The heart of a strong French press brew lies in the coffee-to-water ratio. This ratio determines how concentrated your coffee will be. Typically, a French press ratio hovers around 1:15 (coffee to water), but to edge toward espresso territory, we're going to tip the scales a bit.

Aiming for a 1:7 or even a 1:6 ratio can lead to a more intense and concentrated brew, which is desirable when making espresso in French Press.

That means for every gram of coffee, you use 7 (or 6) grams of water. These ratios result in a more concentrated brew, echoing the intensity found in espresso shots.

Measuring with Precision

Precision is your ally here. Using a kitchen scale to measure your coffee and water ensures accuracy and consistency - critical factors in replicating your perfect brew each time.

Eyeballing measurements might be convenient, but it can lead to varied results.

Precision and Convenience

TIMEMORE Coffee Scale

The TIMEMORE Coffee Scale is a versatile, highly accurate digital scale explicitly designed for coffee enthusiasts. Its high-precision sensor delivers precise measurements ranging from 0.1g to 2kg.

TIMEMORE Coffee Scale
  • Crafted from high-quality acrylic, the TIMEMORE Coffee Scale offers durability in a compact and thin design. Including a silicone waterproof pad provides excellent heat insulation and waterproof protection and safeguards the surface of the scale.
  • The large backlit LCD screen prominently displays the weight in grams, ensuring clear visibility. The scale also features an automatic timing function, simplifying making and brewing coffee. That allows you to control the extraction time and weight without interference. The scale is well-suited for espresso and pour-over coffee preparation.
  • The scale is equipped with a built-in 1600mAh rechargeable lithium battery. With a battery life of up to 10 hours, you can rely on the scale for extended brewing sessions. The scale also includes an automatic shut-off feature that turns off the timer function after 3 minutes of inactivity, conserving power during standby periods.

Grind Size: Fine-Tuning for Strength

While the French press is known for requiring a medium-coarse to coarse grind, when aiming for a more potent brew, you should fine-tune this a bit.

A slightly finer grind than usual, medium to medium-fine (though not as fine as for espresso), increases the surface area in contact with water, enhancing the extraction of bold flavors.

However, be cautious – too fine, and you risk over-extraction and a gritty cup. The goal is a balanced grind that can extract more without overdoing it.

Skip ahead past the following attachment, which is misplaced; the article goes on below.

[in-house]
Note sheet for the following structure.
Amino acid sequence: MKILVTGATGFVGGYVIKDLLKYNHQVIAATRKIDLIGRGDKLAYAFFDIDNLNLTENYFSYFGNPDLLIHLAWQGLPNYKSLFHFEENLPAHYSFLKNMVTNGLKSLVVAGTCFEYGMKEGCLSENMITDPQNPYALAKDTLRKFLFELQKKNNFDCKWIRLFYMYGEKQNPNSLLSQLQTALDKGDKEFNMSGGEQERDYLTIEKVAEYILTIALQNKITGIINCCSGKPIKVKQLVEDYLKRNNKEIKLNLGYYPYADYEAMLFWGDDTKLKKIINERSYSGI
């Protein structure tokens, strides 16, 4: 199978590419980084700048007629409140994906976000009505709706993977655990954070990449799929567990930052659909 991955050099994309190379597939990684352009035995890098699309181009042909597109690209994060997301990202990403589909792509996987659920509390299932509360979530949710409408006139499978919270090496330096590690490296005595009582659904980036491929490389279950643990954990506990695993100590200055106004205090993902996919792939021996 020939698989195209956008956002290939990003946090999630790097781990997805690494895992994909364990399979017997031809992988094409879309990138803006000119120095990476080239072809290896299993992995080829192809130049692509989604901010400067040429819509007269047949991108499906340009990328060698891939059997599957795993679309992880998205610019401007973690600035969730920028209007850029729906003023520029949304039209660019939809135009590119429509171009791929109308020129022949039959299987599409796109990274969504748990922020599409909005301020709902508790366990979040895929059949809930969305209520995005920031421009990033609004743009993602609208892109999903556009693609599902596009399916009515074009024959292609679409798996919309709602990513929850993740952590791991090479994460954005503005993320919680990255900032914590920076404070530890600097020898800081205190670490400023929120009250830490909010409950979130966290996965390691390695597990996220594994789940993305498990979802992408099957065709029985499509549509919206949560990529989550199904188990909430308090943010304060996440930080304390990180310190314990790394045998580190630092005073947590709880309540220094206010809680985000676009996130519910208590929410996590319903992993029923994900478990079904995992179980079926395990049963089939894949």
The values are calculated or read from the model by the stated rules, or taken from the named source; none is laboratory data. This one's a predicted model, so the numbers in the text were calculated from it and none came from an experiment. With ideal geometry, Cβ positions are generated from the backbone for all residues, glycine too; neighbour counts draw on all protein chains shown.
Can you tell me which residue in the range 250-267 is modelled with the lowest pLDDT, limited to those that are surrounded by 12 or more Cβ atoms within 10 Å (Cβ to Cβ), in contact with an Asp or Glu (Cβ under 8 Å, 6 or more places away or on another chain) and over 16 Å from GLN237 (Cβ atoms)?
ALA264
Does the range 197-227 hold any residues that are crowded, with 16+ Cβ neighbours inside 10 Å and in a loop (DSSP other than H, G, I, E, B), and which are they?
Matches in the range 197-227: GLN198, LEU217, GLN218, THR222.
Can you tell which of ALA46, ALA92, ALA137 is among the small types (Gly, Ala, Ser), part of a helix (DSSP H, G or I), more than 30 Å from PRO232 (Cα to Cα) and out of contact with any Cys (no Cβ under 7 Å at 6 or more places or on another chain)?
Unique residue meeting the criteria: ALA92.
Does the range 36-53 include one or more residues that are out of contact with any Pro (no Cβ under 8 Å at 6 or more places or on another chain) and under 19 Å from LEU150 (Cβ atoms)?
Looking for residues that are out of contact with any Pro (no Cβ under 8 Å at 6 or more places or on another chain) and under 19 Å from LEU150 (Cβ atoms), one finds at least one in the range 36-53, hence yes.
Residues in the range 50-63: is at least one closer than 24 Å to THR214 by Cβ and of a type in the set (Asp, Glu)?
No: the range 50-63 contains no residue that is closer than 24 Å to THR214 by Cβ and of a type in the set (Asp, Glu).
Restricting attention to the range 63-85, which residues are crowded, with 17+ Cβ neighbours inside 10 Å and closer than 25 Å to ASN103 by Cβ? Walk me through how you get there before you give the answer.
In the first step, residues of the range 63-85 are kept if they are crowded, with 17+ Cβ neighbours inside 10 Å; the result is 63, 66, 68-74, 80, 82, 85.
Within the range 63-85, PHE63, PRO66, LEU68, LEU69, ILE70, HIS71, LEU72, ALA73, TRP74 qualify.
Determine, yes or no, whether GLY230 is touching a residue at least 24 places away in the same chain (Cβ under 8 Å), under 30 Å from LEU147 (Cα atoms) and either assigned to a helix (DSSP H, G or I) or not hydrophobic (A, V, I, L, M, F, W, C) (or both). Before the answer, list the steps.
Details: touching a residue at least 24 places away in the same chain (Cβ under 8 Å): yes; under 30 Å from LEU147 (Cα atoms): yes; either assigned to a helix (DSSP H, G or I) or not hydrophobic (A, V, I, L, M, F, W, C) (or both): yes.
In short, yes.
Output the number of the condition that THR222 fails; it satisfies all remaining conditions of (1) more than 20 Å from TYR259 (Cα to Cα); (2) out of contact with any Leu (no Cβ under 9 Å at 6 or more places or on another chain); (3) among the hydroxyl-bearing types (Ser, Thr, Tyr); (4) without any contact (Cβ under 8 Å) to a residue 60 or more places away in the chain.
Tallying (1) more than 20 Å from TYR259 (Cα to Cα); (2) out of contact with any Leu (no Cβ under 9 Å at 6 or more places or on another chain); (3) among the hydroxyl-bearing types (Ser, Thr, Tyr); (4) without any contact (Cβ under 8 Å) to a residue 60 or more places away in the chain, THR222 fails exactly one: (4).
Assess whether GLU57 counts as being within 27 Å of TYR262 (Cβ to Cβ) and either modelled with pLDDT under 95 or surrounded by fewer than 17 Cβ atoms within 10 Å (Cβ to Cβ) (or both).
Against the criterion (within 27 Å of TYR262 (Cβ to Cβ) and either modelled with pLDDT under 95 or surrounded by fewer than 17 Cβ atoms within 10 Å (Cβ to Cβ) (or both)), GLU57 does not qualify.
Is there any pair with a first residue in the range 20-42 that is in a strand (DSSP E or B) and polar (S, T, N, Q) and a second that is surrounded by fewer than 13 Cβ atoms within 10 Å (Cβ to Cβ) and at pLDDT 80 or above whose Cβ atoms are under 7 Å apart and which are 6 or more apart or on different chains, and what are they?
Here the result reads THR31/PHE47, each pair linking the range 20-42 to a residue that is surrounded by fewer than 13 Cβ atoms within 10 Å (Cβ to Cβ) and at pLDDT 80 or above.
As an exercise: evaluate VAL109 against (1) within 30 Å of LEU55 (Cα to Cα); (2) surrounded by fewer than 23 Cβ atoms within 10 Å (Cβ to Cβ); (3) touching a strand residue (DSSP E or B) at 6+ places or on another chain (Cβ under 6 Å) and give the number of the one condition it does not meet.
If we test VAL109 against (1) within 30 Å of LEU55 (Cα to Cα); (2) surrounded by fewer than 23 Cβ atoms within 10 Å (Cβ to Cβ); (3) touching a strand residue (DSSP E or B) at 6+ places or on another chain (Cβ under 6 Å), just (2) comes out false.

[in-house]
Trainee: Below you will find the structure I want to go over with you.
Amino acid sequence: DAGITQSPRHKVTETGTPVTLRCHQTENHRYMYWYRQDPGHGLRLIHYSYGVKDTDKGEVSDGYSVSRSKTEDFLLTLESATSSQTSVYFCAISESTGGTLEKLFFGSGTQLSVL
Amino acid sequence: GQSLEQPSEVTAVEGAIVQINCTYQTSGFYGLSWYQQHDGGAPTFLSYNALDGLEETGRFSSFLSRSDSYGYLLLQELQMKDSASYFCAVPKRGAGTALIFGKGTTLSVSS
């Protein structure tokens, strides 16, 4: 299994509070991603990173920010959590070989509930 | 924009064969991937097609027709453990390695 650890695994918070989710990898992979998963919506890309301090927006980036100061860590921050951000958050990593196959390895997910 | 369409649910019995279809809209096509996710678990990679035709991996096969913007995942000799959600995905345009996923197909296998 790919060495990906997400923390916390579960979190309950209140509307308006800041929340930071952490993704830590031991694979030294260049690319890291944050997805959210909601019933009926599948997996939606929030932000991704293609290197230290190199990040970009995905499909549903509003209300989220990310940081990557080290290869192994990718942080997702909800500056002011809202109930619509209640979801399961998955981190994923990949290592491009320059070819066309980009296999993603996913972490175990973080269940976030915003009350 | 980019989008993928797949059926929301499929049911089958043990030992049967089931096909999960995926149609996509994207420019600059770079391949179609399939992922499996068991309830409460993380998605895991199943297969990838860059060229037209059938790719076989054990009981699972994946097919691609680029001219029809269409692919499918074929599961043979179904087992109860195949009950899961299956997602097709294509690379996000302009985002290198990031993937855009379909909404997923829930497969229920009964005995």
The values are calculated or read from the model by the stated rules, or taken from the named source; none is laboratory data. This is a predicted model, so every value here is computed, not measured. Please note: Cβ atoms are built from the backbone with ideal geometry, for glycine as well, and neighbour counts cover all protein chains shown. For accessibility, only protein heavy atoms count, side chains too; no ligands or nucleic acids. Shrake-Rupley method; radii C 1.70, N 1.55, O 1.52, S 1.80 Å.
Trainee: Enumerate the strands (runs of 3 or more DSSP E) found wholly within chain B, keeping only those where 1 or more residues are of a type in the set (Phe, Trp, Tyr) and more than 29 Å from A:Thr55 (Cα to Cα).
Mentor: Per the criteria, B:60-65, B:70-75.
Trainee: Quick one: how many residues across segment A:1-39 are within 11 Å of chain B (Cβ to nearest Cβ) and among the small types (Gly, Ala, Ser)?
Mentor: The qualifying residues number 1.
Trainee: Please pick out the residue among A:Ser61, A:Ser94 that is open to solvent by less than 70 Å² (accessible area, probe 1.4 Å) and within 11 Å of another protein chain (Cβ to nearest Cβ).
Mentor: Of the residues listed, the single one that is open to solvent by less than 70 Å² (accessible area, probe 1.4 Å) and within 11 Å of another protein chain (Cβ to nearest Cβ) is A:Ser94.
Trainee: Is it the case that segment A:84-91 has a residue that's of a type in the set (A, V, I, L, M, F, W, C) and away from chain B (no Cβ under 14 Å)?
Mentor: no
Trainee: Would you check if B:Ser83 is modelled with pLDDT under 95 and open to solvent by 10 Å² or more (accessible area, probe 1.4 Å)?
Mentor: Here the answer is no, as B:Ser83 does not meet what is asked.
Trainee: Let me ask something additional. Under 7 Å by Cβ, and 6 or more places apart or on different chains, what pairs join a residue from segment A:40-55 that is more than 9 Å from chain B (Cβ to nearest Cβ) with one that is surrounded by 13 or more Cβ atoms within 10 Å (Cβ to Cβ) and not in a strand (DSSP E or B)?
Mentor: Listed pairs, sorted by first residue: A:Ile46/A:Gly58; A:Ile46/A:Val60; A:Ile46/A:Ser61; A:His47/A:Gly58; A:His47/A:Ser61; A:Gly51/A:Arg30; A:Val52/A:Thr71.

Grind Consistency is Key

Consistent grind size is crucial for a balanced brew. Inconsistent grinds, where some coffee particles are too coarse and others too fine, can lead to uneven extraction, making your coffee taste bad.

A quality burr grinder is a worthy investment for this reason, as it provides a more uniform grind compared to a blade grinder.

Our Favorite
Breville Smart Grinder Pro

Breville Smart Grinder Pro

Breville Smart Grinder Pro features stainless steel conical burrs and a range of 60 precise grind settings, from the finest espresso to the coarsest French Press grind.

Value for Money
OXO Brew - Conical Burr Coffee Grinder

OXO Brew - Conical Burr Coffee Grinder

With 15 grind size settings and additional micro settings, OXO Brew Conical Burr Coffee Grinder caters to your every coffee need. From fine grounds ideal for espresso to coarser grinds for French press or cold brew, you can easily fine-tune your coffee's taste to perfection.

Water Temperature: Extracting Richness

Water temperature in coffee brewing is like the temperature in cooking - it needs to be just right to extract the full spectrum of flavors.

For French press coffee, particularly when aiming for a stronger brew, the ideal temperature range is between 195°F and 205°F (90°C to 96°C).

Water at this temperature is hot enough to extract the coffee's robust flavors effectively but not so hot that it causes over-extraction, leading to bitterness.

Precision, Style, and Convenience

Mecity Professional Electric Kettle

Designed with precision and elegance in mind, this 27oz (800ml) electric kettle allows you to select the ideal temperature from 100°F to 212°F (38°C to 100°C).

Mecity Professional Electric Kettle
  • With their advanced thermostat and 2.0-inch LCD display, you can easily monitor and control the real-time temperature, set temperature, hold time, and more.
  • The kettle has multiple protection features, including an anti-dry function and automatic shut-off mechanisms. The insulated handle and the heat-resistant lid ensure safe handling.
  • Made from BPA-free material and food-grade 304 stainless steel, you can enjoy pure-tasting water without worrying about harmful substances leaching into your beverages.

But how do you achieve this temperature without a thermometer? A simple trick is to bring the water to a boil and then let it sit for about 30 to 45 seconds. This brief waiting period typically brings it down to the desired range.

Steeping Time: Patience for Perfection

Finally, consider your steeping time. For a stronger brew, a longer steep might seem intuitive. However, the key is balance.

Steeping for too long can lead to bitterness, especially when brewing a finer grind, while too short a steep might under-extract. Start with 4 minutes and adjust according to the grind size and your taste preference.

By understanding and adjusting these key factors, you're well on your way to transforming your French press coffee into a beverage that's not just a morning routine but an adventurous journey into the depths of rich, bold flavors reminiscent of classic espresso.

Now that we've delved into the theories and nuances of creating an espresso-like brew using a French press, it's time to put theory into practice. In the next section, we'll walk through a detailed, practical, step-by-step guide to brewing your own rich and robust coffee in a French press.

Making espresso in French Press: Step-by-Step

With the groundwork of grind size, water temperature, and ratios laid, we now venture into the heart of the brewing process.